1. Preheat oven to 180'C. Drain spinach well and squeeze out any excess moisture.
2. Mix spinach with ricotta, cottage cheese, lentils, oregano and garlic in a large bowl.
3. Mix pasta sauce with the water in a separate bowl.
4. In a large lasagne dish, alternate layers of sauce, lasagne sheets and cheese mix, ending with sauce. Top with the grated cheese.
5. Cover with foil and bake for 60 minutes. Remove foil and bake a further 15 minutes until cheese is golden. Allow to stand for 3-5 minutes before serving.

Ultimate creamed spinach
Serves 4


500g fresh spinach
1 onion, peeled and cut into thick slices
250ml whole milk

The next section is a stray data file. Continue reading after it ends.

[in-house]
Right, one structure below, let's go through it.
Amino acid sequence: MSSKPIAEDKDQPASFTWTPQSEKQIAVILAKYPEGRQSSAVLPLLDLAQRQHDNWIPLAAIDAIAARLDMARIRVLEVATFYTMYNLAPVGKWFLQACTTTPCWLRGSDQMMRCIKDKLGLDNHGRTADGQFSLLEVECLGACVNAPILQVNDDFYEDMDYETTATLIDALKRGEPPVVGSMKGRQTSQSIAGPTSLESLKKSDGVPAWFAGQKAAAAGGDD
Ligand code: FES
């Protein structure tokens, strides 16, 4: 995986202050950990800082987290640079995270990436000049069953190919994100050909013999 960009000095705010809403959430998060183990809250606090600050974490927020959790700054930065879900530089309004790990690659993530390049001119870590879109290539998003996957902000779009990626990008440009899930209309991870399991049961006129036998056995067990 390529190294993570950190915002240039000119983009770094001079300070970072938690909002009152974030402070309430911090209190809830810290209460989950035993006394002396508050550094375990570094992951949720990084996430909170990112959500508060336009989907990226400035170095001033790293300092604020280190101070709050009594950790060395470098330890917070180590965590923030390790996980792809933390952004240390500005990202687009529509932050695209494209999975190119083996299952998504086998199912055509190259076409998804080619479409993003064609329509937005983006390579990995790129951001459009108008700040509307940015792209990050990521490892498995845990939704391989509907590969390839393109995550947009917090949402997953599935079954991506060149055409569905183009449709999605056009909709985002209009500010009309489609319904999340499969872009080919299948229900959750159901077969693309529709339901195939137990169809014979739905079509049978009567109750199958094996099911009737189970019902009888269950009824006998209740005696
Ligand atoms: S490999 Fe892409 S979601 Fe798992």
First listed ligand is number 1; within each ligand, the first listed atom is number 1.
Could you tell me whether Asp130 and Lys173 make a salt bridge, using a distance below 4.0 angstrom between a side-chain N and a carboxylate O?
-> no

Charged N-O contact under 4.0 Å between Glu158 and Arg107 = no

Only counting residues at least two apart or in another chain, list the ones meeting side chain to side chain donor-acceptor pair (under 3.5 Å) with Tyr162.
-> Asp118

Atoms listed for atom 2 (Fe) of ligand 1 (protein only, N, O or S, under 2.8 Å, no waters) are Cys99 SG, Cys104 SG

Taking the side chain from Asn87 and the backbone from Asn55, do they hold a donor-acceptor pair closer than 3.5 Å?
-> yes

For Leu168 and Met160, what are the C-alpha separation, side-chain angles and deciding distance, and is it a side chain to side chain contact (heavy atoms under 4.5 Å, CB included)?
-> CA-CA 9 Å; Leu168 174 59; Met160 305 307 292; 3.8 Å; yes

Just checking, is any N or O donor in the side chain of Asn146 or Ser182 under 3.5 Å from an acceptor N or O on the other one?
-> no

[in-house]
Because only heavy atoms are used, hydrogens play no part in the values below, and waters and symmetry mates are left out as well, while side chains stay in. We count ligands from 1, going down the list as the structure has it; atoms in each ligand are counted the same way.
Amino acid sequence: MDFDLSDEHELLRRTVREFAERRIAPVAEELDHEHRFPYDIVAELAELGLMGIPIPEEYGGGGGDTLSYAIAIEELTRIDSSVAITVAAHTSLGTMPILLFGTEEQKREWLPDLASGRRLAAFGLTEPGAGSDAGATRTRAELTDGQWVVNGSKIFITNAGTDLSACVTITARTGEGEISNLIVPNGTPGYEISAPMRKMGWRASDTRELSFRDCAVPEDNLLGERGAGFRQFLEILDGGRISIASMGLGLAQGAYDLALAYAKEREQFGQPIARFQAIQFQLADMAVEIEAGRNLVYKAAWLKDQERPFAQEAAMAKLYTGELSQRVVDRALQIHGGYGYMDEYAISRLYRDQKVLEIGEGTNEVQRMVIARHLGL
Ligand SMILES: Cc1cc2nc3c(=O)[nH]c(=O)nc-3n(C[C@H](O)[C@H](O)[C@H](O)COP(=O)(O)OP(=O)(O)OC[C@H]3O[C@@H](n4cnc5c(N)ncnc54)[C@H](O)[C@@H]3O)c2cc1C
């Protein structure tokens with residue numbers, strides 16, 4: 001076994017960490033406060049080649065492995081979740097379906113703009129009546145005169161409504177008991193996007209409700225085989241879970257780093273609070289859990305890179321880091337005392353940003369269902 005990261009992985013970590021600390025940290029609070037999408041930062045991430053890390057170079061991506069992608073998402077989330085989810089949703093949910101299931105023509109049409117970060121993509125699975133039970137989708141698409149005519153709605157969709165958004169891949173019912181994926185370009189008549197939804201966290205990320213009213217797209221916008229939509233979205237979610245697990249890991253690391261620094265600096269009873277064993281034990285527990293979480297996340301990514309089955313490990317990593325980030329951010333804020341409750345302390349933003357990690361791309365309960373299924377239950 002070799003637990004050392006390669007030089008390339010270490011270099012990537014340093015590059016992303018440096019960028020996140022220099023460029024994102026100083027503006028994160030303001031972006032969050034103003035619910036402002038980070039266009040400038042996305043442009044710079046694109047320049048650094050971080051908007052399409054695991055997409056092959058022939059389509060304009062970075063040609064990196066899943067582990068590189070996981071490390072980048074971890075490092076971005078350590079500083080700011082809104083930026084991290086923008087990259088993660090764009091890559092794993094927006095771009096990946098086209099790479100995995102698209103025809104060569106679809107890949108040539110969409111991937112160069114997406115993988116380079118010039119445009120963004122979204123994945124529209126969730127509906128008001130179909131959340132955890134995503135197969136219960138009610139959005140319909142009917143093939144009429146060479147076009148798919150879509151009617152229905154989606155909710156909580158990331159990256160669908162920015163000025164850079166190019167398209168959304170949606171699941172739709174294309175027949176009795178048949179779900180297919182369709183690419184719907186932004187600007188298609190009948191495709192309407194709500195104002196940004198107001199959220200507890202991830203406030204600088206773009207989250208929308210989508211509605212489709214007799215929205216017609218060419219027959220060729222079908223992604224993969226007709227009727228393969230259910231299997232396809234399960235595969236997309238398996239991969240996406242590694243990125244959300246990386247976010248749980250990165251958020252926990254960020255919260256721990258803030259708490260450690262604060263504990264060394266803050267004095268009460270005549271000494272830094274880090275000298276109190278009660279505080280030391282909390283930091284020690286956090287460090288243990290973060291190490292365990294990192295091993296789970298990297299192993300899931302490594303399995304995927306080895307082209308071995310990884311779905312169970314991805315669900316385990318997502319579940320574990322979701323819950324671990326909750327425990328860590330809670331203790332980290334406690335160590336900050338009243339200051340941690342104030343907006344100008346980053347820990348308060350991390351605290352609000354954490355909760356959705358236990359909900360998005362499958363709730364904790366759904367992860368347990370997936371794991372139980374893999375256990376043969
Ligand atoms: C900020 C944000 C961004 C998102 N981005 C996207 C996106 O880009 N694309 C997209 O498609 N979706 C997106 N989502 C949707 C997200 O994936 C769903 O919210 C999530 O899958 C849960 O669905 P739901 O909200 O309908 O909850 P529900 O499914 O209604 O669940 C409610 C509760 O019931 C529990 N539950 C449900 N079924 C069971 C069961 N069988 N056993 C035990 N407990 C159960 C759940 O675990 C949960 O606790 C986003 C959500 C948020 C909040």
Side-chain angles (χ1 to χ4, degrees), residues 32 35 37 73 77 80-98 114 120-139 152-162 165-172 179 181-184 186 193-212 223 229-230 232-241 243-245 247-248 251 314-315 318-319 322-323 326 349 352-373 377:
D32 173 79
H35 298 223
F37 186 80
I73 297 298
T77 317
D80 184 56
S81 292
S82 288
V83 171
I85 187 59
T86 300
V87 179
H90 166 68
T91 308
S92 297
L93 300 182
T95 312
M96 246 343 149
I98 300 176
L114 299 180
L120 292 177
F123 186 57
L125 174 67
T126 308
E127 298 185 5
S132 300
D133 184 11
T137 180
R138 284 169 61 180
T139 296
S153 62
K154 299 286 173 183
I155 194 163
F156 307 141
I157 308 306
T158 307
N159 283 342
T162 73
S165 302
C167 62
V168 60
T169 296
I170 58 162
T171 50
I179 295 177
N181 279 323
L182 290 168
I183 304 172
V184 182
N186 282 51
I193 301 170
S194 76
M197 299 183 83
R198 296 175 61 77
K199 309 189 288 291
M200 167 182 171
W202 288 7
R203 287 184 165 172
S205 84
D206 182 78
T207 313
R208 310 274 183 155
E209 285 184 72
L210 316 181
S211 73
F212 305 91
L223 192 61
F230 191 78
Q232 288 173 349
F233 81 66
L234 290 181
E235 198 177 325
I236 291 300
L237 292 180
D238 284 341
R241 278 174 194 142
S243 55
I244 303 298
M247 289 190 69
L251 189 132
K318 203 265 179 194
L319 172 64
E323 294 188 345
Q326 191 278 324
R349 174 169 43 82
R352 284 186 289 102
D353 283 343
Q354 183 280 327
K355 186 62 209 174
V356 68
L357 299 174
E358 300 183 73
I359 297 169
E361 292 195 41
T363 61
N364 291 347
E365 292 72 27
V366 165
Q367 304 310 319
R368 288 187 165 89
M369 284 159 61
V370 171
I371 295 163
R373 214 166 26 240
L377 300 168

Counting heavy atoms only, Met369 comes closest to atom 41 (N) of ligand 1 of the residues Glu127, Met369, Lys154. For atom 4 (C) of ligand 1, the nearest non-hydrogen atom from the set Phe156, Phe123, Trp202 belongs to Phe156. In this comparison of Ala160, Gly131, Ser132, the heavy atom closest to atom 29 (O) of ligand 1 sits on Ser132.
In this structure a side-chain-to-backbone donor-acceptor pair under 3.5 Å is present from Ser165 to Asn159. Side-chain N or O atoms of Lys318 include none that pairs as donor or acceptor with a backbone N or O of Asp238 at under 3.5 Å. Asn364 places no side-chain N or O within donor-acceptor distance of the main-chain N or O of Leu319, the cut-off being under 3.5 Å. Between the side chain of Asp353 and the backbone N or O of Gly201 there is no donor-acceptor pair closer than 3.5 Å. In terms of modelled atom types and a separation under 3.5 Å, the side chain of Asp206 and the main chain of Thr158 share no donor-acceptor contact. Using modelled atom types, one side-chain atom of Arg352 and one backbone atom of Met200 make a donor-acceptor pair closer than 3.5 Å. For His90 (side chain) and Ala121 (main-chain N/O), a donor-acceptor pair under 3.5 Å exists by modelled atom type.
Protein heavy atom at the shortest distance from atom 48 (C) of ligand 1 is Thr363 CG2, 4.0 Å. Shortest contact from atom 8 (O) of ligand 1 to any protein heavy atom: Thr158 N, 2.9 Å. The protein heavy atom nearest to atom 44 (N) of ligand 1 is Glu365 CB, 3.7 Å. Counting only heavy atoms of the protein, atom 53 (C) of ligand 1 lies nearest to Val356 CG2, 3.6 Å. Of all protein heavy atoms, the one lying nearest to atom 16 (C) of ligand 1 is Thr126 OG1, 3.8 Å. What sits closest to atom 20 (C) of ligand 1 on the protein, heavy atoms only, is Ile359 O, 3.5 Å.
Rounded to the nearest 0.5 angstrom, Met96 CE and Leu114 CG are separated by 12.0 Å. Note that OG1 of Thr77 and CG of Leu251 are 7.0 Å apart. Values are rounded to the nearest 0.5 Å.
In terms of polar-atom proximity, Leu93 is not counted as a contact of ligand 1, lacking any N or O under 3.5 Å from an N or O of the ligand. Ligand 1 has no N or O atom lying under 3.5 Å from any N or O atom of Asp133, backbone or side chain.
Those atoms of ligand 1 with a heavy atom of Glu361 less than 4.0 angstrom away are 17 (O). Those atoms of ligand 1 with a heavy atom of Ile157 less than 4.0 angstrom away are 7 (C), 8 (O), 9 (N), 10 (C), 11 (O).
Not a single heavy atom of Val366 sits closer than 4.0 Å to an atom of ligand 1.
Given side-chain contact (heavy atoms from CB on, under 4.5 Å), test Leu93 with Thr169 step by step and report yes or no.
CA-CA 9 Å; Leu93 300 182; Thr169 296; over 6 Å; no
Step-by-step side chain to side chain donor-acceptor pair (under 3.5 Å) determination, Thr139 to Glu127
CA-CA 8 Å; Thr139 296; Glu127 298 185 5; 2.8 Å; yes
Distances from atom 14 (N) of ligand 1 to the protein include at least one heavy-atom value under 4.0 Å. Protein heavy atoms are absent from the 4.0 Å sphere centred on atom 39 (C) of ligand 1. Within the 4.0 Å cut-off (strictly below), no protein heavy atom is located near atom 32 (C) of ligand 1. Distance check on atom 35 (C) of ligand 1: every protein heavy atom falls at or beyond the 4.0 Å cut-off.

1-2 bay leaves
50g unsalted butter
25g plain flour
sea salt
A couple of twists of black pepper
A few gratings of nutmeg

Trim the spinach, stripping out the coarse central stalks and wash well. Cook the spinach, covered, in a large saucepan – you don’t need to add any water, as the droplets clinging to leaves from when you washed them will be enough. When the leaves are wilted and cooked through, refresh them briefly cold water then squeeze them with your hands to extract as much water as you can before roughly chopping.
Put the onion and bay leaves in a pan with the milk. Bring almost to boiling point, remove from the heat then leave to infuse for 10 minutes. Strain into a warmed jug, discarding the onion and bay leaves.
Melt the butter in the same pan (you don’t need to wash it) and stir in the flour to get a loose roux. Cook this gently for a couple of minutes, then add half the warm, seasoned milk and stir in. When the sauce is thick and smooth, stir in the rest of the milk. Bring to the boil and simmer gently for just a minute. Season well with salt, pepper and a few grinds of nutmeg.